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      Critics Reviews

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      Pauline Kael New Yorker The movie doesn't stick together in one's head; this thing is like some junky fairground show -- a chamber of horrors with skeletons that jump up. Jan 15, 2013 Full Review Don Druker Chicago Reader Irwin Allen, the Busby Berkeley of natural disasters and other people's troubles, teams up with John Guillermin, a competent if undistinguished action director. Feb 3, 2012 Full Review Variety Staff Variety The Towering Inferno is one of the greatest disaster pictures made, a personal and professional triumph for producer Irwin Allen. Sep 22, 2008 Full Review Montezuma Bay Area Reporter The special effects are super and once you get used to the idea of a 136-story building in downtown San Francisco, you are ready for anything thrown at you. Jun 27, 2023 Full Review Danielle Solzman Solzy at the Movies Nearly 50 years after its release, The Towering Inferno remains one of the golden standards in the disaster thriller genre. Rated: 5/5 Mar 2, 2023 Full Review Zita Short InSession Film This is a loud, bombastic, dumb blockbuster and it just doesn’t thrill audiences in the same way that it would have in 1974. I really question whether it became a sensation purely as a result of hype. Rated: D Feb 7, 2023 Full Review Read all reviews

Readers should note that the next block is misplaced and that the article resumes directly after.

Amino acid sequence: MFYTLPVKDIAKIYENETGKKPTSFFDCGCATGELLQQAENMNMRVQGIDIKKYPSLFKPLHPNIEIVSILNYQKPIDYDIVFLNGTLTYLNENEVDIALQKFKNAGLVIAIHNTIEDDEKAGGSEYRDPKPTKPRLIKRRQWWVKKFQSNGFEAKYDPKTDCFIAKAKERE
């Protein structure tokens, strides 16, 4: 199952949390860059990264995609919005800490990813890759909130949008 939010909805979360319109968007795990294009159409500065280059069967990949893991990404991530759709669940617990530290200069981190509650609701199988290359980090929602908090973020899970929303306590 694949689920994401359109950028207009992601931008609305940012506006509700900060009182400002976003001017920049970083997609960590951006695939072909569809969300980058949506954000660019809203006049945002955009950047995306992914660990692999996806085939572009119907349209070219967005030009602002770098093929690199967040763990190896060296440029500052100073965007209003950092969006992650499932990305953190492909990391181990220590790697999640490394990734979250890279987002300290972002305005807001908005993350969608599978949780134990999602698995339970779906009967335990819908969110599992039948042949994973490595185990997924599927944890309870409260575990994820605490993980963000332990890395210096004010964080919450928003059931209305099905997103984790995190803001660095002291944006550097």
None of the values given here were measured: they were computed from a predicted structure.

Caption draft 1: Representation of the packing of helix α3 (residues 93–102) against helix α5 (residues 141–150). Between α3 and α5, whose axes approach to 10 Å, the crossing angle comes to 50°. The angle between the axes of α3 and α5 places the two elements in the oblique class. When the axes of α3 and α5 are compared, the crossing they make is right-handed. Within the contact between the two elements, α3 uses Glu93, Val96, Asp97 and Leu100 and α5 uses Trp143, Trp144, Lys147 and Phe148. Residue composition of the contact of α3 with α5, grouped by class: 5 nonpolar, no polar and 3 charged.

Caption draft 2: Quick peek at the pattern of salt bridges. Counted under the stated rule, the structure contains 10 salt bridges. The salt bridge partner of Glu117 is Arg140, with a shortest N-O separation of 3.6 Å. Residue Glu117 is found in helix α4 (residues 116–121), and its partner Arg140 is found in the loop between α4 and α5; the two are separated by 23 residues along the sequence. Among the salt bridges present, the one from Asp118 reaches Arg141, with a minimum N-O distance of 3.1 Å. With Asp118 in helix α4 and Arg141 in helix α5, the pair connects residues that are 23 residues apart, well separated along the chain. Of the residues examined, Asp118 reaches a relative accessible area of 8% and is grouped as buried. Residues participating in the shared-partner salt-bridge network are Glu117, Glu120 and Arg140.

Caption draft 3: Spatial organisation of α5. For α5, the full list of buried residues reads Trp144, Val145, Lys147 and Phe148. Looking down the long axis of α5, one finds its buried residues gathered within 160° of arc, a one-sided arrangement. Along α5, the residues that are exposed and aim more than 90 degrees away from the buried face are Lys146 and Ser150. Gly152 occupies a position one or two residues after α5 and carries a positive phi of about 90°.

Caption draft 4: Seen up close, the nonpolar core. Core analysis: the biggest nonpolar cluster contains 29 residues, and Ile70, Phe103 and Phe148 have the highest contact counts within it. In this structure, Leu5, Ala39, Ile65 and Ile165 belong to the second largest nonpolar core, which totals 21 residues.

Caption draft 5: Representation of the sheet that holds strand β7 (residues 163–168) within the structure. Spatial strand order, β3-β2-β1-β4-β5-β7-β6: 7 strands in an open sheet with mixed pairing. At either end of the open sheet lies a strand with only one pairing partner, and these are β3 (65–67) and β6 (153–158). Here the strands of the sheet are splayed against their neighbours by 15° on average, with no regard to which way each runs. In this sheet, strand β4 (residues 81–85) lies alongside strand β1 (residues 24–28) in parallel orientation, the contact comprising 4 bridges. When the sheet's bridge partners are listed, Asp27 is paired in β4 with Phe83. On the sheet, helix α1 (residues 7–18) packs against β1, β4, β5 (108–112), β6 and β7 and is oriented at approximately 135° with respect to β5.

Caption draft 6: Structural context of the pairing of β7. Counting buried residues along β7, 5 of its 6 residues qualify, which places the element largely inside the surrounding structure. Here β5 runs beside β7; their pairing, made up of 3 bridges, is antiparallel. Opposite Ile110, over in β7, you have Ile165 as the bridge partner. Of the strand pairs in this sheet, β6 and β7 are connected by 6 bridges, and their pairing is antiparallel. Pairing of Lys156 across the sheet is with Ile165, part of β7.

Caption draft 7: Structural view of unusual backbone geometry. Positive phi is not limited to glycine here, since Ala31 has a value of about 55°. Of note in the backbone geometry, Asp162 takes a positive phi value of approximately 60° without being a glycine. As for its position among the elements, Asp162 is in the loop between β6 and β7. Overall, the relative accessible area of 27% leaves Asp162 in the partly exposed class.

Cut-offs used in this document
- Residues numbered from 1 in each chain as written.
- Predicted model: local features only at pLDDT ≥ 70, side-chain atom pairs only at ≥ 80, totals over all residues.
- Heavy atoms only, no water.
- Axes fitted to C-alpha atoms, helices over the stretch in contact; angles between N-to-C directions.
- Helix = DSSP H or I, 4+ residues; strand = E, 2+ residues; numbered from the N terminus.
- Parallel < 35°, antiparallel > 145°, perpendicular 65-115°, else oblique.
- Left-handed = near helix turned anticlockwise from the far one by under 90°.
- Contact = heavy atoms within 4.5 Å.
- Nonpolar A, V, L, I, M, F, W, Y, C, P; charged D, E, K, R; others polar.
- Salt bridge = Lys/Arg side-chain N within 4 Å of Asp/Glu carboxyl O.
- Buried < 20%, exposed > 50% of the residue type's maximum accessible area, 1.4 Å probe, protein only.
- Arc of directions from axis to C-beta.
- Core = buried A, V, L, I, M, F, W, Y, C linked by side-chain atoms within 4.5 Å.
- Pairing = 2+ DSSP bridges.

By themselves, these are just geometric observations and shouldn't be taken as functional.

Movie Info

      Synopsis Classic 1970s disaster movie about a fire that breaks out in a state-of-the-art San Francisco high-rise building during the opening ceremony attended by a host of A-list guests. An overworked fire chief and the building's architect must cooperate in the struggle to save lives and subdue panic while a corrupt, cost-cutting contractor tries to evade responsibility for the disaster.
      Director
      John Guillermin, Irwin Allen
      Screenwriter
      Stirling Silliphant
      Distributor
      20th Century Fox
      Production Co
      Twentieth Century Fox
      Rating
      PG
      Genre
      Action, Mystery & Thriller
      Original Language
      English
      Release Date (Theaters)
      Dec 14, 1974, Original
      Release Date (Streaming)
      Nov 25, 2015